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- - Groundwork guessing (http://www.horseforum.com/horse-training/groundwork-guessing-36639/)
Hi, everyone! I'm new to the horseforum community but so glad I've found you guys. I'd like to share with you a bit about me and what my plans are. Then, I would LOVE feedback from you on how you think I should move forward.
I'm 40 yrs old and a novice to horsemanship. We bought 21 acres and built our dream home a year ago. We've been working as we go along to get it to where we want it to be...we have a LONG way to go! :wink: I, like most girls growing up, dreamed of owning a horse and growing up in the saddle. Sadly, that didn't happen but I never lost that desire. Here I am at 40 with a small bit of experience riding horses. We purchased a 7 yo Registered Paint almost 3 years ago. His name is Hootie. He stands around 15.1 or 15.2. He's had no health problems. He was sold as a beginner horse. We did ride him before purchasing him and he rode fine...in an arena. He has no kick or bite except when you tighten the girth on the saddle. He will then turn around and nip in your direction. He has never bucked me off but I wouldn't be surprised if he would try now.
While riding him once we got him home, we found him to be quite "spirited" and a bit pushy. And almost more difficult for me to handle is his speed. He's VERY fast. He respects me to a point but I feel as if it's not where it needs to be. Even though I point out his less desirable traits, we love him very much and we couldn't imagine our home without him.
Well, life became difficult as it sometimes does, and now a year later he hasn't been ridden. Now, I'm where I need him to work. He's a great, young horse that needs something to do other than stand and look pretty in the pasture.
So, my ideas are to start from the beginning, for him and me. I have the vet coming out for his annual the second week in Oct. So, I'm not crazy about putting a bit in his mouth until I have his teeth floated. It's been over a year since they've been done and I don't want to cause any undo stress for him or me. It's time for the farrier as well so I called him too. We have a pretty natural area so he's hooves are usually kept trim naturally. Right now, he has no shoes. I have no aspirations of showing horses or anything like that. I just want to ride trails and in and around our farm. I have 3 daughters and well, you know where that is going! They LOVE horses. Fortunately for them, they are taking lessons from someone that knows what they are doing. :D
Anyway, I think there is plenty do to before I get back in the saddle. I'm in no hurry. It took him a year to get "out of practice" and it shouldn't happen in one day to get back in.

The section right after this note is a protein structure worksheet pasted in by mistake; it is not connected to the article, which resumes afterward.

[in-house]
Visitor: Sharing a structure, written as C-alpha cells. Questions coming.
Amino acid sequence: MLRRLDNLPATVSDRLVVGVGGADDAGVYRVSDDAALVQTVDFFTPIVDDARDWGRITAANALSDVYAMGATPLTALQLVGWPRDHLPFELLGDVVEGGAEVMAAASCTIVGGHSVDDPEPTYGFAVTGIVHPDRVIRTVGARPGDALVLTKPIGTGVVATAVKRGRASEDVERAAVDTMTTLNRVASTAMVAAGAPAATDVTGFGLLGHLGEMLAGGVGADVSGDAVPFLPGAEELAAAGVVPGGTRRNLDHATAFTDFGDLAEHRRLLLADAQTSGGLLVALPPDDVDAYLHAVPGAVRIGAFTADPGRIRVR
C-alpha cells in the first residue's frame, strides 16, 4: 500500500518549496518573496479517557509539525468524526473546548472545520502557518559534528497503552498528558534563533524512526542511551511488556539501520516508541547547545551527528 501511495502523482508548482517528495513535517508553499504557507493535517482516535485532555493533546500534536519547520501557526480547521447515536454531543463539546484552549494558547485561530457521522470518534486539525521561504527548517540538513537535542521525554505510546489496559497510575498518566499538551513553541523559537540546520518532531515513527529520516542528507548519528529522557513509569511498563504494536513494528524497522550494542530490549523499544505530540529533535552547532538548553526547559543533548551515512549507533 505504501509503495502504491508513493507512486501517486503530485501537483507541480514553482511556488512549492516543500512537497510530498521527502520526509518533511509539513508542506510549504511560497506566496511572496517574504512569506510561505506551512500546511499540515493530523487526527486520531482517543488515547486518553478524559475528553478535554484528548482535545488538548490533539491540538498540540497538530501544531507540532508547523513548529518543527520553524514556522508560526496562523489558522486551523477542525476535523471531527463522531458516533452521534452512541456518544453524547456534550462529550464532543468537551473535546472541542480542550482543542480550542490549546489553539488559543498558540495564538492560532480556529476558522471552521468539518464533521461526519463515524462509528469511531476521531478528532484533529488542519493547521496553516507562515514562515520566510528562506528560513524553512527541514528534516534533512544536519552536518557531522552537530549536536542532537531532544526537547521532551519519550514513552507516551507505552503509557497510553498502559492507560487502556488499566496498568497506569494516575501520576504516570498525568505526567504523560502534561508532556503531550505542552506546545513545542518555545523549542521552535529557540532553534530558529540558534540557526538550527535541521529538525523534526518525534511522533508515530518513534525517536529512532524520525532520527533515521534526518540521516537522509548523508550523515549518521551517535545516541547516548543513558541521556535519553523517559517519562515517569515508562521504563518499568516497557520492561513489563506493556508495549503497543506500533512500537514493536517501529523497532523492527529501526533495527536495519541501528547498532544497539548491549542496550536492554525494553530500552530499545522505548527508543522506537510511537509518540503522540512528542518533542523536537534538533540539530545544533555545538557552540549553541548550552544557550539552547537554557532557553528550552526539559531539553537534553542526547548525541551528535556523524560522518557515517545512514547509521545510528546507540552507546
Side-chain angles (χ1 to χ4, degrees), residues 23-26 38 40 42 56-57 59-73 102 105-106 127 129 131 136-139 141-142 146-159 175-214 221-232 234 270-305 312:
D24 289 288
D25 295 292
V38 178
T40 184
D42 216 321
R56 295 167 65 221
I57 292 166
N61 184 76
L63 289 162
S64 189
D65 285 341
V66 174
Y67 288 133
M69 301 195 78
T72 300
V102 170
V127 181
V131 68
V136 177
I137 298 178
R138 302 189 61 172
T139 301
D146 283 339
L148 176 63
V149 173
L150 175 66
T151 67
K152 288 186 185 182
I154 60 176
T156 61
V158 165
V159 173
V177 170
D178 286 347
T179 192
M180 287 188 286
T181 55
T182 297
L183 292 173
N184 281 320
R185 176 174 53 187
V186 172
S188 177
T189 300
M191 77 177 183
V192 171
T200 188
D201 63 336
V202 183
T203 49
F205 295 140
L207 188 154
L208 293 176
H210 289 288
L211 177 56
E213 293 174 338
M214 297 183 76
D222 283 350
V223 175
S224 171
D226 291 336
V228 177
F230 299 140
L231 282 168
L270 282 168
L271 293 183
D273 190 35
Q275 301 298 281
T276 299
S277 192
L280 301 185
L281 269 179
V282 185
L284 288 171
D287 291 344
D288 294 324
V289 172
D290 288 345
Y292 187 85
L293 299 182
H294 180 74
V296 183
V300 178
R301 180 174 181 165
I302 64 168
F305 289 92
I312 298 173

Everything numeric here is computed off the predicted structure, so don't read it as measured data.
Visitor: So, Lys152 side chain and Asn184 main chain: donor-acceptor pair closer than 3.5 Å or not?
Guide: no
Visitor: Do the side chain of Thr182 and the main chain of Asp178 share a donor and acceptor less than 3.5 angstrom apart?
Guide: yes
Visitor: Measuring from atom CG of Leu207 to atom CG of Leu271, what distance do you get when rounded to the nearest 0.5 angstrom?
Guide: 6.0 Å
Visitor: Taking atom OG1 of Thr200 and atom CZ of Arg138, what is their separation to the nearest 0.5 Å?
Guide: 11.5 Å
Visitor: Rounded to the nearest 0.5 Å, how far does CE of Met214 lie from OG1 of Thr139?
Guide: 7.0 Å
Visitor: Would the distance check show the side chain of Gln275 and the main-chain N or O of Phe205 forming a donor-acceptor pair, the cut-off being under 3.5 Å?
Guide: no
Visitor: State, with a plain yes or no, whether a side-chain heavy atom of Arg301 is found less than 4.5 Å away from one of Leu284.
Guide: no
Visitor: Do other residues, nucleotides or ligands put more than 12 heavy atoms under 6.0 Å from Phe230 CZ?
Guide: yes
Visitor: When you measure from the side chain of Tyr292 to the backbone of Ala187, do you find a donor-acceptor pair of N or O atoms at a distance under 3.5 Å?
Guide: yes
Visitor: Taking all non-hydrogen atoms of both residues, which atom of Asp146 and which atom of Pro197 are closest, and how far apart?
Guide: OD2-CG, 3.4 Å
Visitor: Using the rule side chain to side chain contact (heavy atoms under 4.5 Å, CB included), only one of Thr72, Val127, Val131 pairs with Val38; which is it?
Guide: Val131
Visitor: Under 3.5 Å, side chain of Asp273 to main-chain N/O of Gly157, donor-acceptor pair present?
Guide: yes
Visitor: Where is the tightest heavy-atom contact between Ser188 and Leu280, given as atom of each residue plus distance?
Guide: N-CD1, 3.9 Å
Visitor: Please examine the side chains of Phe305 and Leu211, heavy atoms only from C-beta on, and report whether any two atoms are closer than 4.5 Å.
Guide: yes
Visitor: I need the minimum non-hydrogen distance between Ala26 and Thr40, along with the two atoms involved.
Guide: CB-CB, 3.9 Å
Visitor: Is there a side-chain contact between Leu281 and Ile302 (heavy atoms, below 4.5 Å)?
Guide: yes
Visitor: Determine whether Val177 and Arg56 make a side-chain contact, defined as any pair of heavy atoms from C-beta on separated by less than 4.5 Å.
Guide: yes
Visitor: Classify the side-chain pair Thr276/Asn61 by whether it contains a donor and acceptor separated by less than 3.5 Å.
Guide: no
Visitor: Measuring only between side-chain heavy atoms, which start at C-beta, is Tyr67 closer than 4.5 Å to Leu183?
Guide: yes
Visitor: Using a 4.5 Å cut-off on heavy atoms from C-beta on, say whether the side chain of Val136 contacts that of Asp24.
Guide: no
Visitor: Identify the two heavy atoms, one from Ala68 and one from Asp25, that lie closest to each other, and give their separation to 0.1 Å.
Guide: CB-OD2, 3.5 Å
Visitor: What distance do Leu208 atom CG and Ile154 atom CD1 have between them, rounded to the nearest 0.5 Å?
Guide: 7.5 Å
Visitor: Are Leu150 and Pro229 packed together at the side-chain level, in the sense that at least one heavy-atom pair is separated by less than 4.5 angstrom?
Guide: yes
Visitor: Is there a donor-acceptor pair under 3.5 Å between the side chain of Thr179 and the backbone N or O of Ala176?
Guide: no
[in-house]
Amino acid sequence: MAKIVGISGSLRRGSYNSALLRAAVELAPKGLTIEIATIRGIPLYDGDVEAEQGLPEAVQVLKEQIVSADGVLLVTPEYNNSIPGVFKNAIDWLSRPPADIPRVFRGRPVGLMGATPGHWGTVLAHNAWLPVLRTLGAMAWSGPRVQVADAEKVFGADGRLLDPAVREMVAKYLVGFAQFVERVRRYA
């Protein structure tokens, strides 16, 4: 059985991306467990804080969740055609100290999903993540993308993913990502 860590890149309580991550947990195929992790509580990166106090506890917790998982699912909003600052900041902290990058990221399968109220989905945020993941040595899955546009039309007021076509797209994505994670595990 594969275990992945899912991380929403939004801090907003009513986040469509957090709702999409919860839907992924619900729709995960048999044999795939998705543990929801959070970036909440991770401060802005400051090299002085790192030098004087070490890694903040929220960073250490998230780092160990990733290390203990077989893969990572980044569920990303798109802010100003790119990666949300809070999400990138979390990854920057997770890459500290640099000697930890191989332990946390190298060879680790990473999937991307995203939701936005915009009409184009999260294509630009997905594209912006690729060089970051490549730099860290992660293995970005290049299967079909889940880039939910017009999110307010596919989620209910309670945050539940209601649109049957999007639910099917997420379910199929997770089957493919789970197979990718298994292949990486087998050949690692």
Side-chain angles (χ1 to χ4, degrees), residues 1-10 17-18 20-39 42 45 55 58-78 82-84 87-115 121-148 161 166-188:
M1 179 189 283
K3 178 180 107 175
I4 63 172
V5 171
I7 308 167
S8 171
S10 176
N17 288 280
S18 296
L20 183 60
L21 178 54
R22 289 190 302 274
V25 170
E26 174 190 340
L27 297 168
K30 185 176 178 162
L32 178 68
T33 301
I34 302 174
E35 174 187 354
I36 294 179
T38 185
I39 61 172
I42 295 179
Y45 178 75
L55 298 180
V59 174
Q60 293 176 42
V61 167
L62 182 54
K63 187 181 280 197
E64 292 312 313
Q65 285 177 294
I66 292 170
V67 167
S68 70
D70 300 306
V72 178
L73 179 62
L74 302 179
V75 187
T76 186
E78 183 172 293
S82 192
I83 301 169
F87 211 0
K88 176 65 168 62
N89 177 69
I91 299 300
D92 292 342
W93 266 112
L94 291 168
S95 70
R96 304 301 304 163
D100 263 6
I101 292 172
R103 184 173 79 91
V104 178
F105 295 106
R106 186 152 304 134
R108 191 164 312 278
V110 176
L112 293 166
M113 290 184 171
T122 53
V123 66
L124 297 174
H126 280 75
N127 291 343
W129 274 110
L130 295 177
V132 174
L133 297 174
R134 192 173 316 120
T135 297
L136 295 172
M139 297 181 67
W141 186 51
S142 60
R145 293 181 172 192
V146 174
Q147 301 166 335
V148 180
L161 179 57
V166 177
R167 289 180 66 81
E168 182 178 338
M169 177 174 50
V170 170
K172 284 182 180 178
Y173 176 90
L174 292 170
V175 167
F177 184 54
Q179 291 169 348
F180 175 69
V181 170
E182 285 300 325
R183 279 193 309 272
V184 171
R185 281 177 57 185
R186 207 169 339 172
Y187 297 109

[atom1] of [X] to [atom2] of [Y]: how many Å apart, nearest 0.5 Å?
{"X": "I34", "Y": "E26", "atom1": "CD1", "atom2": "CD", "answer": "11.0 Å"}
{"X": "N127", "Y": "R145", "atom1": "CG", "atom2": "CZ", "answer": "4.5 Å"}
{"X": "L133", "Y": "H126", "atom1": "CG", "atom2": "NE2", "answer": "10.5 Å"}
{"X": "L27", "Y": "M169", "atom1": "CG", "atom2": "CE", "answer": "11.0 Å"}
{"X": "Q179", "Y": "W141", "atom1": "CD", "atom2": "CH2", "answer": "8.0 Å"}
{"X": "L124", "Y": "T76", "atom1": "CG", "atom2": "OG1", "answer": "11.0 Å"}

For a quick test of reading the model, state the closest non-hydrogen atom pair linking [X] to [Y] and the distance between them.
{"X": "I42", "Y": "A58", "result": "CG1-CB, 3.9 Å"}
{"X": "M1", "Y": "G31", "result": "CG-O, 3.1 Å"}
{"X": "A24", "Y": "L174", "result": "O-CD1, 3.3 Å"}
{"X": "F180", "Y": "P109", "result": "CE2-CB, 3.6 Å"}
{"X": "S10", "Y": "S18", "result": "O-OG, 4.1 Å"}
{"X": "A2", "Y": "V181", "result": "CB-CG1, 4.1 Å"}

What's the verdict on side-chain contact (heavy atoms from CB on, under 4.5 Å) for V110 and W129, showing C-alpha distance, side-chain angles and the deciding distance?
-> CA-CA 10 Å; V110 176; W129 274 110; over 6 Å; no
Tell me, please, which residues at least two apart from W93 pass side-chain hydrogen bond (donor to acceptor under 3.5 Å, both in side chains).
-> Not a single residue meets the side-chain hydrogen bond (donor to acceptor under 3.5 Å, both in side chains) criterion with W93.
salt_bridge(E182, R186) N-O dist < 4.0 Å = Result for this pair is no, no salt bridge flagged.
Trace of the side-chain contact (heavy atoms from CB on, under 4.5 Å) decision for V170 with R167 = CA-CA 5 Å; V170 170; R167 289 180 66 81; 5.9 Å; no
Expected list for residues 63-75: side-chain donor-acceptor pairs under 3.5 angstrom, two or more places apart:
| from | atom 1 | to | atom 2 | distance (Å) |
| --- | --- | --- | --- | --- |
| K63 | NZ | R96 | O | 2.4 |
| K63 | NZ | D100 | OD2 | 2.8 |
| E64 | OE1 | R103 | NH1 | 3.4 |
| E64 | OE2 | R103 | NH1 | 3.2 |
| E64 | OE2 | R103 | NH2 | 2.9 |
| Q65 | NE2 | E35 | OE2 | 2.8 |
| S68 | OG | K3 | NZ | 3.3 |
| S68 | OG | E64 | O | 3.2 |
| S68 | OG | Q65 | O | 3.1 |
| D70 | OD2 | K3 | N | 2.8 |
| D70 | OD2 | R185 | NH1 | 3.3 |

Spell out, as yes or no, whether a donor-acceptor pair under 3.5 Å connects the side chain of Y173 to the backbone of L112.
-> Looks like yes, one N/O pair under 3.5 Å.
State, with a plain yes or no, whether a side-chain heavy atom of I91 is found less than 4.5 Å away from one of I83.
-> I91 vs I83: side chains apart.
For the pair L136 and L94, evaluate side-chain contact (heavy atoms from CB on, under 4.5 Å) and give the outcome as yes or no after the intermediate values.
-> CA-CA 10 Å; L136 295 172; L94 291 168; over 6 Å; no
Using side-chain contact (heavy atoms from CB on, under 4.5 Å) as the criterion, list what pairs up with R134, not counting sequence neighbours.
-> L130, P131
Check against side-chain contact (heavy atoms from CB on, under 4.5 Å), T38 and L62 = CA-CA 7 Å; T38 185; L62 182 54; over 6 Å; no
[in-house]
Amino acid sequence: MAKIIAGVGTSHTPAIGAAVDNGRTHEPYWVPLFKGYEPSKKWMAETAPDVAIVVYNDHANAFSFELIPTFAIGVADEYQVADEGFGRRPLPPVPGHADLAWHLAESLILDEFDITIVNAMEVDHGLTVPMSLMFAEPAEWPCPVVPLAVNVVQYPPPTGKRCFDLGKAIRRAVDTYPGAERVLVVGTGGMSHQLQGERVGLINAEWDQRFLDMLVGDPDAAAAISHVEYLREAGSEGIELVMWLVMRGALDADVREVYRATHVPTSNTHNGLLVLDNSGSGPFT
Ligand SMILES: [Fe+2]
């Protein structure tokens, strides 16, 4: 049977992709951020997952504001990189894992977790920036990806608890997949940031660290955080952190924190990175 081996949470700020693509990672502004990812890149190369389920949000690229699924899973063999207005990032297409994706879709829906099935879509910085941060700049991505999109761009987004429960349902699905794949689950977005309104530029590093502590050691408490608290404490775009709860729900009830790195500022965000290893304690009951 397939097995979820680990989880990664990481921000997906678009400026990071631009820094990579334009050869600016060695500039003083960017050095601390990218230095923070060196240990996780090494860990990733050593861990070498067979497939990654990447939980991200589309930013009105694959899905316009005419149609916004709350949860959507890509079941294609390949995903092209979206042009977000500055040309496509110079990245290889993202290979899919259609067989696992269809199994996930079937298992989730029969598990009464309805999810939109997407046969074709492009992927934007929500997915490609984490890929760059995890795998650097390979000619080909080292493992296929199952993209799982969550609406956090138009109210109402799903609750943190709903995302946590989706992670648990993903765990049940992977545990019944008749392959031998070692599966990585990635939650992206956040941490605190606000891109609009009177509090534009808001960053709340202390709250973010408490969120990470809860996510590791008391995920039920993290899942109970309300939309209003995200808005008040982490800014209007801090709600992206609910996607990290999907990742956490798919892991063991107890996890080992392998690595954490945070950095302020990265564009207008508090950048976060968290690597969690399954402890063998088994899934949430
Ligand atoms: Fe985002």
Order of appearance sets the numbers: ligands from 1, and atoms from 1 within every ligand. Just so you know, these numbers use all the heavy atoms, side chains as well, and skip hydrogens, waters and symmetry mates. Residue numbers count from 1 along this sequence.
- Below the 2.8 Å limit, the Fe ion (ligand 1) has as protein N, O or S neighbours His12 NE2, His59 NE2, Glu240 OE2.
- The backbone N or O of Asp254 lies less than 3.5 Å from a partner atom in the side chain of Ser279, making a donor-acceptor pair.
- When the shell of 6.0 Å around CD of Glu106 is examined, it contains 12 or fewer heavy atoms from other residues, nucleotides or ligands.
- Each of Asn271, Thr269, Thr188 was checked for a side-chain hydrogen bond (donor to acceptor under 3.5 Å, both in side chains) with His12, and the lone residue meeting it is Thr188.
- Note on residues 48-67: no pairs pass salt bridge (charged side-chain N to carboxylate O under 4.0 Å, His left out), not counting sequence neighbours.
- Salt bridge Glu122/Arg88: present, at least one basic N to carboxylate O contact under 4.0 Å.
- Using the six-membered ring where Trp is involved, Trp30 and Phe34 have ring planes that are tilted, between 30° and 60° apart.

I've been looking around and what methods I should follow on groundwork and I must admit, I'm stumped. I feel as if I need a little from here and a little from there but I don't trust myself to know what you do and in what order.
I would appreciate if you guys would help me put together a plan for the next couple of weeks of groundwork with Hootie. I do have a round pen that can be utilized. He leads fine although he can get a bit pushy at times.
When it comes to getting back in the saddle, I feel as if I should bring out a trainer with me at that point to be sure I'm doing all necessary to make this a good and enjoyable situation for me and Hootie but I would like to work on trust, respect and fundamentals before having to pay someone to come out. I'm stumped on what bit I should use, do I use a curb chain, what about a martingale, etc...Ugh. I'm so type A and not having a plan is driving me in circles...perhaps I should be in a round pen.:shock:
Thanks to everyone in advance for your support.
I'm in somewhat of the same position as you except I knew when I purchased my quarter horse, Champ, that he was going to require a little work to get him where I want him to be at. My only suggestion is to find some horse experienced people nearby that are willing to help you. Talk to your vet, the people involved with the lessons for you daughters and find some that can help out or answer quick questions. In my area there are many people that will come to your property and give hour lessons for horse and rider for very cheap.
I like to read so thats another thing I have done. There are some great books that can help you out along the way. Some that i would recommend:
Teach Your Horse Perfect Manners by Kelly Marks (wonderful!!)
The Horse Rider's Problem Solved by Vanessa Britton
Bombproof Your Horse by SGT. Rick Pelicano (looks like lots of fun but would be for a bit later in your horse's training)
Clinton Anderson also has some good DVD series on groundwork up to riding that I have found very interesting. He's a bit of a talker but has a lot of good info.